You would think being in the top 10% of retirement savers between age 32 – 61 would yield greater than a $274,000 savings account. All a 46 year old (average of 32 – 61) needs to do is save $11,416 a year for 20 years after college to get to $274,000. Once you add on company 401k matching and investment returns, getting to $274,000 should be highly feasible.
The $60,000 median savings for all families with retirement savings may be a truer reflection of the average American savings. The mean (average) of $95,776 is more than 50% higher because wealthier families are drastically pulling up the average, indicating widening inequality.
Thankfully, stocks and real estate have continued to perform well through the global pandemic. The average retirement savings by age should be roughly 20% higher in 2021.
Does America Truly Have A Retirement Savings Crisis?
Despite all this wonderful data from the Economic Policy Institute, I’m having a hard time believing these figures. Is the report perhaps… fake news used to raise taxes and enlarge government oversight for power hungry politicians? After all, if you make people beg for money, you can control their votes.
The median retirement savings account for families age 56-61 is only $17,000? Come on. This means the median family is never going to retire or is going to die of starvation within five years after retiring.
The median retirement account savings of all American families is only $5,000? This number sounds like it would come from one of the poorest countries in the world, not the absolute richest.
Whatever the true mean or median retirement savings balance is in America, the biggest difference comes from those who actually decide to save for retirement and those who do not.
The long term trend for stocks, bonds, and real estate is up and to the right. Further, once you start religiously tracking your money, you’ll plug all the leaks. If schools aren’t willing to provide basic financial education, at least Financial Samurai and other personal finance sites will.
Recommendation To Build Wealth
Manage Your Money In One Place. Sign up for Personal Capital, the web’s #1 free wealth management tool to get a better handle on your finances. In addition to better money oversight, run your investments through their award-winning Investment Checkup tool to see exactly how much you are paying in fees. I was paying $1,700 a year in fees I had no idea I was paying.
After you link all your accounts, use their Retirement Planning calculator that pulls your real data to give you as pure an estimation of your financial future as possible using Monte Carlo simulation algorithms. Definitely run your numbers to see how you’re doing. I’ve been using Personal Capital since 2012 and have seen my net worth skyrocket during this time thanks to better money management.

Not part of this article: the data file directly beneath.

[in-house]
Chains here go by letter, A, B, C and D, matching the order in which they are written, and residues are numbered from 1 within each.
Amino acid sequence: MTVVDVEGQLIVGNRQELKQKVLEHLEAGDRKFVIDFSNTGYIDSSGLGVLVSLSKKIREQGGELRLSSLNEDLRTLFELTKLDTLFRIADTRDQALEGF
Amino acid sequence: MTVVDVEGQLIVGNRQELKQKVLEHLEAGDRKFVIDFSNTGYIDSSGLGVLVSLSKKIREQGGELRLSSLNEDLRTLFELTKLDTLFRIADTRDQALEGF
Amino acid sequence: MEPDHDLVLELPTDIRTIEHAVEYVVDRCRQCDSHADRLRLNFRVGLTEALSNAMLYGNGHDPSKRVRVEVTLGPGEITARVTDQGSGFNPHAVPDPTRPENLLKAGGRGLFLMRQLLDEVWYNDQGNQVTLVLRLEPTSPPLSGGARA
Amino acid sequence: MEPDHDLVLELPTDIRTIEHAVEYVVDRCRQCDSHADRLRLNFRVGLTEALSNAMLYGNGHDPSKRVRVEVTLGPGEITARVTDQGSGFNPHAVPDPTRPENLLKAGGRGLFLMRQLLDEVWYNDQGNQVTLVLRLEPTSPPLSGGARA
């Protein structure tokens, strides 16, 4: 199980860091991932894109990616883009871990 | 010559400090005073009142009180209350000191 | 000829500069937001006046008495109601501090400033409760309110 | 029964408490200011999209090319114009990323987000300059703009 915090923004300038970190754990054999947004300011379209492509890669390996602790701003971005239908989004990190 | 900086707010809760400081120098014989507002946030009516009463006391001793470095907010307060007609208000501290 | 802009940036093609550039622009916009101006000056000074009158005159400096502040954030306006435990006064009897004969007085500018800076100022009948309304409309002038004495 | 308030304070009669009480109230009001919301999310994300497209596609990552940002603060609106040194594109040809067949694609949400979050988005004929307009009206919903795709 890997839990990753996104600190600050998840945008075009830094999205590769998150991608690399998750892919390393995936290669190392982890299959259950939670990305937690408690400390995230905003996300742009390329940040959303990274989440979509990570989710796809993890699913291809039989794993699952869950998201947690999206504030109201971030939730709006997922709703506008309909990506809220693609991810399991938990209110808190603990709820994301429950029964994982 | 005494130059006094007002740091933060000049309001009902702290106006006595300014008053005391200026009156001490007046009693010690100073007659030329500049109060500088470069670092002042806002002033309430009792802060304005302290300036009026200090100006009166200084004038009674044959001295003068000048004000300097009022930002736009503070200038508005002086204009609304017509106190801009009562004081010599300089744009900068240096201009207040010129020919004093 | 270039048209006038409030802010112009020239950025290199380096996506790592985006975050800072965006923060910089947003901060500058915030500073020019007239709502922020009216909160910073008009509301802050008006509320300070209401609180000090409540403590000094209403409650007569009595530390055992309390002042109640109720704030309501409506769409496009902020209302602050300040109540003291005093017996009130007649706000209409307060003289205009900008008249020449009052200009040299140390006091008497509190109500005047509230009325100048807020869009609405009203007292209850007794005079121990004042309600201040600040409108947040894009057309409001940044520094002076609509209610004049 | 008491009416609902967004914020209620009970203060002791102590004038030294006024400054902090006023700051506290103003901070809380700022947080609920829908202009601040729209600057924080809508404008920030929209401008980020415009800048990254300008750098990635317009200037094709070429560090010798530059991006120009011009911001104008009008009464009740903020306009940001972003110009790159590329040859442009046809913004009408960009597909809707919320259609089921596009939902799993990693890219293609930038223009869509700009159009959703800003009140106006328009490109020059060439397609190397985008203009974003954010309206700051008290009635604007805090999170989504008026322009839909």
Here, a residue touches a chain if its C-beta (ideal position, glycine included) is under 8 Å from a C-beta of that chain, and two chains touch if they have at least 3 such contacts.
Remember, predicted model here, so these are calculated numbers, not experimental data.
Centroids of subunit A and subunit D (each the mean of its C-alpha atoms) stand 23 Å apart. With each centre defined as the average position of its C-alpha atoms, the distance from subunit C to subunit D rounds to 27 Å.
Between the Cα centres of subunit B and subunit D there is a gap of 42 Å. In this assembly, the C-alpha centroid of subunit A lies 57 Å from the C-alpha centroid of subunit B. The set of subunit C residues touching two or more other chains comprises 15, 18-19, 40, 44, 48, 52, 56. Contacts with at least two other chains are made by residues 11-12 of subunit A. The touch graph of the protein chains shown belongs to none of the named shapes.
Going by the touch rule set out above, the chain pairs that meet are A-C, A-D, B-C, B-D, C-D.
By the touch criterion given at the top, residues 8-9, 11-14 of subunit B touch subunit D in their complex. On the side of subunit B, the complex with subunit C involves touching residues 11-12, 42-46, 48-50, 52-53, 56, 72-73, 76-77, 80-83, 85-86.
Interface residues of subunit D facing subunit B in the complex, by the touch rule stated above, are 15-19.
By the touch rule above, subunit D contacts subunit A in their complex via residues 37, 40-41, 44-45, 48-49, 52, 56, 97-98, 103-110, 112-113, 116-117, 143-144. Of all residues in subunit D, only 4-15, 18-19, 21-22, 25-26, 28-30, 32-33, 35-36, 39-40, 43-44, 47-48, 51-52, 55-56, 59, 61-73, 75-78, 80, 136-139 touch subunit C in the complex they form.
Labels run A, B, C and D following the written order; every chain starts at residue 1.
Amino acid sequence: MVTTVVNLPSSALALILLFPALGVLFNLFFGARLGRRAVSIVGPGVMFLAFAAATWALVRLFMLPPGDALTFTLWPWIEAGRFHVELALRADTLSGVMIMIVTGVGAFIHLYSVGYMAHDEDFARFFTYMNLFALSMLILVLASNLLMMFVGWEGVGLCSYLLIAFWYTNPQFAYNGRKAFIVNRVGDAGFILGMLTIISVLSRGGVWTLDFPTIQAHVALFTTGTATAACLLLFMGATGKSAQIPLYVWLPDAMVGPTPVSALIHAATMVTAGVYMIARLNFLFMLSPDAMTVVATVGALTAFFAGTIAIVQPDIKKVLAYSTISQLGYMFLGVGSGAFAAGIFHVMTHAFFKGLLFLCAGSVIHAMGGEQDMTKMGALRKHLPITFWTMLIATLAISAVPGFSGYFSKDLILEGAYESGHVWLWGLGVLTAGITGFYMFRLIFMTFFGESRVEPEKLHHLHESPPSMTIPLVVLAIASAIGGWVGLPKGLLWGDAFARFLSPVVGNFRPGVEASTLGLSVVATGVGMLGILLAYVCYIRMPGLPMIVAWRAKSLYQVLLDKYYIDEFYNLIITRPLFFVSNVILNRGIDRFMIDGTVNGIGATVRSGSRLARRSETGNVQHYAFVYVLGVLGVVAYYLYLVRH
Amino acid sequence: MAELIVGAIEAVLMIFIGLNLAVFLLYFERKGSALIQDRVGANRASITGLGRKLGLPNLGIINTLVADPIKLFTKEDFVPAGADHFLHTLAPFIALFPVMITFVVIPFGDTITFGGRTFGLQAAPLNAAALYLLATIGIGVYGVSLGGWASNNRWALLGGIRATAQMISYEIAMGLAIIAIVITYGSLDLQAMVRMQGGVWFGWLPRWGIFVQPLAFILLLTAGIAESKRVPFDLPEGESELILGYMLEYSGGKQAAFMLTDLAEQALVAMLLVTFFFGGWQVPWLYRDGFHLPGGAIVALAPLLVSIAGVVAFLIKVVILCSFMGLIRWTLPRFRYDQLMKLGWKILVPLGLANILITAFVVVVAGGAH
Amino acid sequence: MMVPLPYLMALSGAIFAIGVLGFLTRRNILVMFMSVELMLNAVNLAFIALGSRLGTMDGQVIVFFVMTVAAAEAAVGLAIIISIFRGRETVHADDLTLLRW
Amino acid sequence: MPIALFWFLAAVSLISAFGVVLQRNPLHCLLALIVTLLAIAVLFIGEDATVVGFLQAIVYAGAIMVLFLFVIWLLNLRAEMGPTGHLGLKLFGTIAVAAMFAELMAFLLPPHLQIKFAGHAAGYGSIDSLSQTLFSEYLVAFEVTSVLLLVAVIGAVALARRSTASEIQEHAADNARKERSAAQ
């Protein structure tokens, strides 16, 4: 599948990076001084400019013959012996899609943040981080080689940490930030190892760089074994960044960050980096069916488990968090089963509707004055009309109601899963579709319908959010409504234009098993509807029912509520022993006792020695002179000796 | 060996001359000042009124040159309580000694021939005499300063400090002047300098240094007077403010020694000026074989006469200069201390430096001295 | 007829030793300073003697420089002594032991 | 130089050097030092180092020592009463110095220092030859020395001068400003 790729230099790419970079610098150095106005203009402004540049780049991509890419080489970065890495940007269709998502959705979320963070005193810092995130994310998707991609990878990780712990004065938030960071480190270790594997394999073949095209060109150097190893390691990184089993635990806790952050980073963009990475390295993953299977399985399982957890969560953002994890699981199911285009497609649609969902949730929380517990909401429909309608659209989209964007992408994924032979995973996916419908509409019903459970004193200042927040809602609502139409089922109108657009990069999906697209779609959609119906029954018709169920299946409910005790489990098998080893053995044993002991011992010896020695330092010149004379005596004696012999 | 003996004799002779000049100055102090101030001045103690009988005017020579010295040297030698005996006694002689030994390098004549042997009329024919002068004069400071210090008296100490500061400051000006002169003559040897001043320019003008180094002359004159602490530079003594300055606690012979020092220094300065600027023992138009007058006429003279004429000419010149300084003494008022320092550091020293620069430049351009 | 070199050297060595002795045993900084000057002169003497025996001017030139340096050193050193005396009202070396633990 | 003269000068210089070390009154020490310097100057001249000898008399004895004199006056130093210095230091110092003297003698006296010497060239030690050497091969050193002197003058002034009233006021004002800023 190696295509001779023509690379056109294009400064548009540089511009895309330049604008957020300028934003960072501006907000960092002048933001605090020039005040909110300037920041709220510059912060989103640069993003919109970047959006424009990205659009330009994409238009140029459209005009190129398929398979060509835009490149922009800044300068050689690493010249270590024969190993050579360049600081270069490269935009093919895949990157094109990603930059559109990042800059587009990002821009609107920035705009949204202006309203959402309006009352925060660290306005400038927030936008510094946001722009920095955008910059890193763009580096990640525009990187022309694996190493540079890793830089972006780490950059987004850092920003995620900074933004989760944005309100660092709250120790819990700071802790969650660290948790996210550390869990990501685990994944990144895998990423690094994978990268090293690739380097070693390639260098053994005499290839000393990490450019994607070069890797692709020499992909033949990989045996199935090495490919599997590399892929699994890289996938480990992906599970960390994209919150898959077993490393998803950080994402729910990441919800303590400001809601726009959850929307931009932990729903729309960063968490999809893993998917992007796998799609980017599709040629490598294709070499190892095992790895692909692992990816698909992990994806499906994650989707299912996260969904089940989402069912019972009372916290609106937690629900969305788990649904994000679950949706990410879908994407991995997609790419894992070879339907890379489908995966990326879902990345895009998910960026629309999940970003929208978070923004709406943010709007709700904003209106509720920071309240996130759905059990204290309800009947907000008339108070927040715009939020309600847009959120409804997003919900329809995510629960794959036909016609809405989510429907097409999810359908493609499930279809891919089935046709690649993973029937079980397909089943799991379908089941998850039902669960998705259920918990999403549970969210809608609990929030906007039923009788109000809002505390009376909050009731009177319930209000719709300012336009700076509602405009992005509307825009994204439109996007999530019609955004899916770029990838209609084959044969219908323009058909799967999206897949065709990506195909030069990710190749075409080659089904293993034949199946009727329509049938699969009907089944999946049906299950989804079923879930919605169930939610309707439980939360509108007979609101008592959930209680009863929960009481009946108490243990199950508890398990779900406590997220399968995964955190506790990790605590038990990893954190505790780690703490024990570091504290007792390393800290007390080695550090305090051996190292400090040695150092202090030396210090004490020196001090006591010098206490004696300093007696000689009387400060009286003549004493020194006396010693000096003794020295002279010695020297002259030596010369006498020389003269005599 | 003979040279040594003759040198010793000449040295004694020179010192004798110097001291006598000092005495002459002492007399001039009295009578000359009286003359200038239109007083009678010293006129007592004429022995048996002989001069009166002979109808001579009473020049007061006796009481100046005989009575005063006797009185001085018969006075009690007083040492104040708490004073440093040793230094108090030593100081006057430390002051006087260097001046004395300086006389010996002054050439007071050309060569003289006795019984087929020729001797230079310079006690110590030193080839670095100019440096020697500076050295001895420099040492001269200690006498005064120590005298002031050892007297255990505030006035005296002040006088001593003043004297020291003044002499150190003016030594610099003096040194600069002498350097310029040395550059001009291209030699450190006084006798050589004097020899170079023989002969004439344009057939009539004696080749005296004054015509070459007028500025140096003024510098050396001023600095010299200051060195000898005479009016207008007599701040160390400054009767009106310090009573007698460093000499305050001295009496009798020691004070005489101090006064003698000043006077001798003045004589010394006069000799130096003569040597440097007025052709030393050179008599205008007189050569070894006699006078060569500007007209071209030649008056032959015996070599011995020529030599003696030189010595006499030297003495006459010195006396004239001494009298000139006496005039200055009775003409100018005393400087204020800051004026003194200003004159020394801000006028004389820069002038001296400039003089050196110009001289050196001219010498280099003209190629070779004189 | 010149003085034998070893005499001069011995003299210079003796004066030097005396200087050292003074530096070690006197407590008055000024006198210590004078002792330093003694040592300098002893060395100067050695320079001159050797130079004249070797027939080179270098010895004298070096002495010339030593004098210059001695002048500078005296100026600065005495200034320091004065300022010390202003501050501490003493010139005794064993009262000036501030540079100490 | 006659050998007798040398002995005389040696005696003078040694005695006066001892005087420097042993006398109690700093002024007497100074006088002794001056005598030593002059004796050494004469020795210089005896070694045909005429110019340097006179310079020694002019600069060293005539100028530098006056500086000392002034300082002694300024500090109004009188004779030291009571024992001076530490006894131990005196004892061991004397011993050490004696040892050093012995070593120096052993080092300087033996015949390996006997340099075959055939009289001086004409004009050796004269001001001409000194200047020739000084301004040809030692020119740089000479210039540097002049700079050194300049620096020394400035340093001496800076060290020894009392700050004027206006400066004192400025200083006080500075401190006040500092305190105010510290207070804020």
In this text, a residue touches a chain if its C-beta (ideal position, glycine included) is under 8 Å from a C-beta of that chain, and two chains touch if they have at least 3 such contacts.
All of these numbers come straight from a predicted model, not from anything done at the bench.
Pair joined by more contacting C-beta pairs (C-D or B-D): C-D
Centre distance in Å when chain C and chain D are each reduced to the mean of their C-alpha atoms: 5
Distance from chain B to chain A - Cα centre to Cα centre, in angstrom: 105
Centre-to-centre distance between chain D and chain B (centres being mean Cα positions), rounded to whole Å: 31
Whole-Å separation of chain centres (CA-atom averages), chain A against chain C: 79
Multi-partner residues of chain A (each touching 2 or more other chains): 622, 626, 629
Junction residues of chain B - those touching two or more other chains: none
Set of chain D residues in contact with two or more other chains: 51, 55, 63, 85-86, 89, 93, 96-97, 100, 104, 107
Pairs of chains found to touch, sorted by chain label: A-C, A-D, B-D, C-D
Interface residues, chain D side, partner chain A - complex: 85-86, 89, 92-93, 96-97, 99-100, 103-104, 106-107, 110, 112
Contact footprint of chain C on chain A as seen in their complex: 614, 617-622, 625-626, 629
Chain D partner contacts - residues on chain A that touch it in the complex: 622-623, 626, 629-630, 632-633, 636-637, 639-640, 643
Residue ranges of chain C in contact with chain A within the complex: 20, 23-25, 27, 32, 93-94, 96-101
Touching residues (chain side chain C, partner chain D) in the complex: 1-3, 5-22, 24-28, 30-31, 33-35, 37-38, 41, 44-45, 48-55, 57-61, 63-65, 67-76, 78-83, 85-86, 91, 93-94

Invest In Real Estate As Well
If you want to boost your retirement savings, then I recommend also investing in real estate. Real estate is a core asset class that has proven to build long-term wealth for Americans.
Real estate is a tangible asset that provides utility and a steady stream of income if you own rental properties. As a retiree, I mostly depend on my steady rental income to survive + stock dividend income.
Given interest rates have come way down, the value of rental income has gone way up. The reason why is because it now takes a lot more capital to generate the same amount of risk-adjusted income. Yet, real estate prices have not reflected this reality yet, hence the opportunity.
My favorite two real estate crowdfunding platforms are:
Fundrise: A way for accredited and non-accredited investors to diversify into real estate through private eFunds. Fundrise has been around since 2012 and has consistently generated steady returns, no matter what the stock market is doing.
CrowdStreet: A way for accredited investors to invest in individual real estate opportunities mostly in 18-hour cities. 18-hour cities are secondary cities with lower valuations, higher rental yields, and potentially higher growth due to job growth and demographic trends.
Both platforms are free to sign up and explore.
I’ve personally invested $810,000 in real estate crowdfunding across 18 projects to take advantage of lower valuations in the heartland of America.